Earlier this month, a St. Petersburg court dropped charges accusing a yoga instructor of illegal missionary activity. Critics of Russia’s crackdown on proselytism see the case as an example of the law’s ambiguity and ineffectiveness.
44-year-old Russian computer programmer Dmitry Ugay was arrested at the St. Petersburg “Vedalife” festival on October 22, 2016. Ugay was 40 minutes into a presentation on the spiritual principles behind the practice of yoga when police apprehended him on stage.
Ugay was transported to a local police station and told to sign a confession on a blank page. After refusing to confess, he was released.
Ugay was arrested under new legislation intended to ward against radicalization and religious extremism in the North Caucasus of Russia. The Yarovaya law, named for its author Irina Yarovaya, prohibits any individuals from proselytizing outside of registered houses of worship or approved missionary organizations. Recently, the law was invoked against the Salvation Army for failing to label Bibles as religious literature. 36 Bibles were confiscated and destroyed, and the Salvation Army was charged a fine, The Guardian reported.
In his presentation, Ugay told his audience that “in a way…yoga merges with religion.” He continued, “And in fact it’s been that way since the beginning, because the root of ‘yoga,’ which means ‘connection,’ carries the same meaning as the Latin words ‘religare’ or ‘religion,’ that is, a person who goes the way of yoga communicates with God.”
Ugay identifies as a practitioner of Hinduism, but asserted that his presentation at the festival drew on “publications that are used in all universities where they study Indian philosophy.”
“I did not name a single religious organisation in the speech, nor did I use a single religious book, and did not name a single religious figure apart from Christ and Buddha,” Ugay said.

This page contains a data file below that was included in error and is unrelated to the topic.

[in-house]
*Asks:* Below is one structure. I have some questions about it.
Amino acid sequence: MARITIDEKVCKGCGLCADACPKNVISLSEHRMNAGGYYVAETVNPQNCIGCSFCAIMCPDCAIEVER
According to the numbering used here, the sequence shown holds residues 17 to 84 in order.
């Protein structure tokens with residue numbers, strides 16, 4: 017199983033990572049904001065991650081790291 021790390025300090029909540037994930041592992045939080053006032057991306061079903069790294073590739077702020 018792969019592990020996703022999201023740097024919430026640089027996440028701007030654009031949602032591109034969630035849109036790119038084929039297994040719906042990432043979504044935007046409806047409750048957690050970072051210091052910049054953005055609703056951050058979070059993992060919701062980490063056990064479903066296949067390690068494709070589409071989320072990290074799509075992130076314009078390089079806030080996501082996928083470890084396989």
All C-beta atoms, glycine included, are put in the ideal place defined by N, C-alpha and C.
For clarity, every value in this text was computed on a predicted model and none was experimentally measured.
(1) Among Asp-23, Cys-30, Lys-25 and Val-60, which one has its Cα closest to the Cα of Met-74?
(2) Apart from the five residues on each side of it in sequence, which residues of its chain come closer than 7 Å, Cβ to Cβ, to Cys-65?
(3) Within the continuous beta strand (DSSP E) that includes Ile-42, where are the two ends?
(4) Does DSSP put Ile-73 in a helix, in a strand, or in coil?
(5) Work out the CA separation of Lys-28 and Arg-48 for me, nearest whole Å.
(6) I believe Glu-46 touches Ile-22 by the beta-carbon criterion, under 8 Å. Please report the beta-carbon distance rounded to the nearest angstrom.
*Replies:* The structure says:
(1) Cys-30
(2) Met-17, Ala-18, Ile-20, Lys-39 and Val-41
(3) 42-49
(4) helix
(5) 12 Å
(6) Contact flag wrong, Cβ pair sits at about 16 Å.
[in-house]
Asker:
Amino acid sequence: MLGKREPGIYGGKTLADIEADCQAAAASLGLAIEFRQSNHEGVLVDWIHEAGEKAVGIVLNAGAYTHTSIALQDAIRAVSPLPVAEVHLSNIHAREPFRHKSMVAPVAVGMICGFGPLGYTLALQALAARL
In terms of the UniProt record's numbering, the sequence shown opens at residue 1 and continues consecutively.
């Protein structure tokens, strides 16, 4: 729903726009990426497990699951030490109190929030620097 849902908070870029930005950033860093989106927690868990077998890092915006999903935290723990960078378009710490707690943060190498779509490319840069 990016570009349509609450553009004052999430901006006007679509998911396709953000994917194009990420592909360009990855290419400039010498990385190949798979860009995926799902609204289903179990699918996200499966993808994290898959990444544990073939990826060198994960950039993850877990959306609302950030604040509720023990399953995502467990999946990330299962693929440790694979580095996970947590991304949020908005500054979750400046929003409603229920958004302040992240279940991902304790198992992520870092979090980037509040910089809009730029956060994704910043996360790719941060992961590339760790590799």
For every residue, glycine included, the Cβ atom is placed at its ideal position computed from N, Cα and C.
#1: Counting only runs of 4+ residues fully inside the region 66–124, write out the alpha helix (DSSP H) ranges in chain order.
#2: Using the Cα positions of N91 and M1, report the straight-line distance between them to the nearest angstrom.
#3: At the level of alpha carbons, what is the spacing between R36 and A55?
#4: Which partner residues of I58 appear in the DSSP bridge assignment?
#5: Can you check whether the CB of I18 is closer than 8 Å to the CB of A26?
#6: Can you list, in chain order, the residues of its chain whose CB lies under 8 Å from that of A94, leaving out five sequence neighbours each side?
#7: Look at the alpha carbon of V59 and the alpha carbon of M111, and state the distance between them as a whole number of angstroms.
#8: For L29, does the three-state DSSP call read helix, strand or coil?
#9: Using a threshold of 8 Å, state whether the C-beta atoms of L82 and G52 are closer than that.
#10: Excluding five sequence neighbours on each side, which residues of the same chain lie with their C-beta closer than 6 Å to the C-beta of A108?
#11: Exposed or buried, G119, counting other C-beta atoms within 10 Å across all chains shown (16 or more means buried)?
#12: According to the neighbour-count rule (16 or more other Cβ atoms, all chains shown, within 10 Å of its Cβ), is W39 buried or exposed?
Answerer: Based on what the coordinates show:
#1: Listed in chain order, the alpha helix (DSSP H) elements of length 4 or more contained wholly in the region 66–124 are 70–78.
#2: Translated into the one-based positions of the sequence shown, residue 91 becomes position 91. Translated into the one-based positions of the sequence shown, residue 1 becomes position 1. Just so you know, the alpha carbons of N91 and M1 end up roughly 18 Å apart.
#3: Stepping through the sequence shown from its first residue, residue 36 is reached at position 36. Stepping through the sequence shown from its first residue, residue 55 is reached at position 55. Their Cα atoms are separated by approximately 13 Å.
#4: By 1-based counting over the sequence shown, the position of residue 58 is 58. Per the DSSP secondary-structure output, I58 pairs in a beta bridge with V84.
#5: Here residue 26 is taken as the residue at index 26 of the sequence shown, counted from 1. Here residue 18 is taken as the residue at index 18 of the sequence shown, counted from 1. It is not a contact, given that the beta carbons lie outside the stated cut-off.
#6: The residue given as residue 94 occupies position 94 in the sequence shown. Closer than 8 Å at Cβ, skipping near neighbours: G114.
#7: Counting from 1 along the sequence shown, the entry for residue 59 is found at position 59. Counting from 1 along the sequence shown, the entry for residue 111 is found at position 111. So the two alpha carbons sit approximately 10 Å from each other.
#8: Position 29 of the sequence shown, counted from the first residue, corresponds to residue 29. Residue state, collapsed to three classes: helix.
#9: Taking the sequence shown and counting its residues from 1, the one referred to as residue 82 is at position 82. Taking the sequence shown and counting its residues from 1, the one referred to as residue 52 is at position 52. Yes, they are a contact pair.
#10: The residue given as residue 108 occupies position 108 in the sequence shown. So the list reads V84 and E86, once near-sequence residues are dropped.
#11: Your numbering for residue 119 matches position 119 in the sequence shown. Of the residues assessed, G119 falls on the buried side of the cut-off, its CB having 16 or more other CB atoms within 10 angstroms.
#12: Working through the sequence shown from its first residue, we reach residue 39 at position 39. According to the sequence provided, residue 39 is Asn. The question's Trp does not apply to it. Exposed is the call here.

In a blog post, Ugay wrote that his arrest highlights “the complete arbitrariness of this law, which can lead to the persecution of my many fellow citizens who practice yoga and study Indian philosophy.”
The St. Petersburg court that acquitted Ugay ruled that the case was closed “due to the absence of any administrative offense,” The Moscow Times reported. Still, critics of the law worry that experiences like Ugay’s will become increasingly common under the new legislation.
Calling the law an “outrageous provision to free speech, privacy, [and] freedom of conscience,” Human Rights Watch’s Tanya Lokshina called for further evaluation of enforcers’ “compliance with basic human rights protections.”
The practice of yoga is extremely popular in Russia. In 2007, Russian Prime Minister Dmitry Medvedev garnered a devoted following after announcing, “Little by little, I’m mastering yoga.”
In July of 2015, the Russian city of Nizhnevartovsk attempted to ban the practice of yoga altogether, citing its rising popularity as a sign of its potential to “spread new religious cults and movements.”
--by Caroline Matas
Image Source: Yoga. Photo by Oleg Klementiev, Flickr Creative Commons.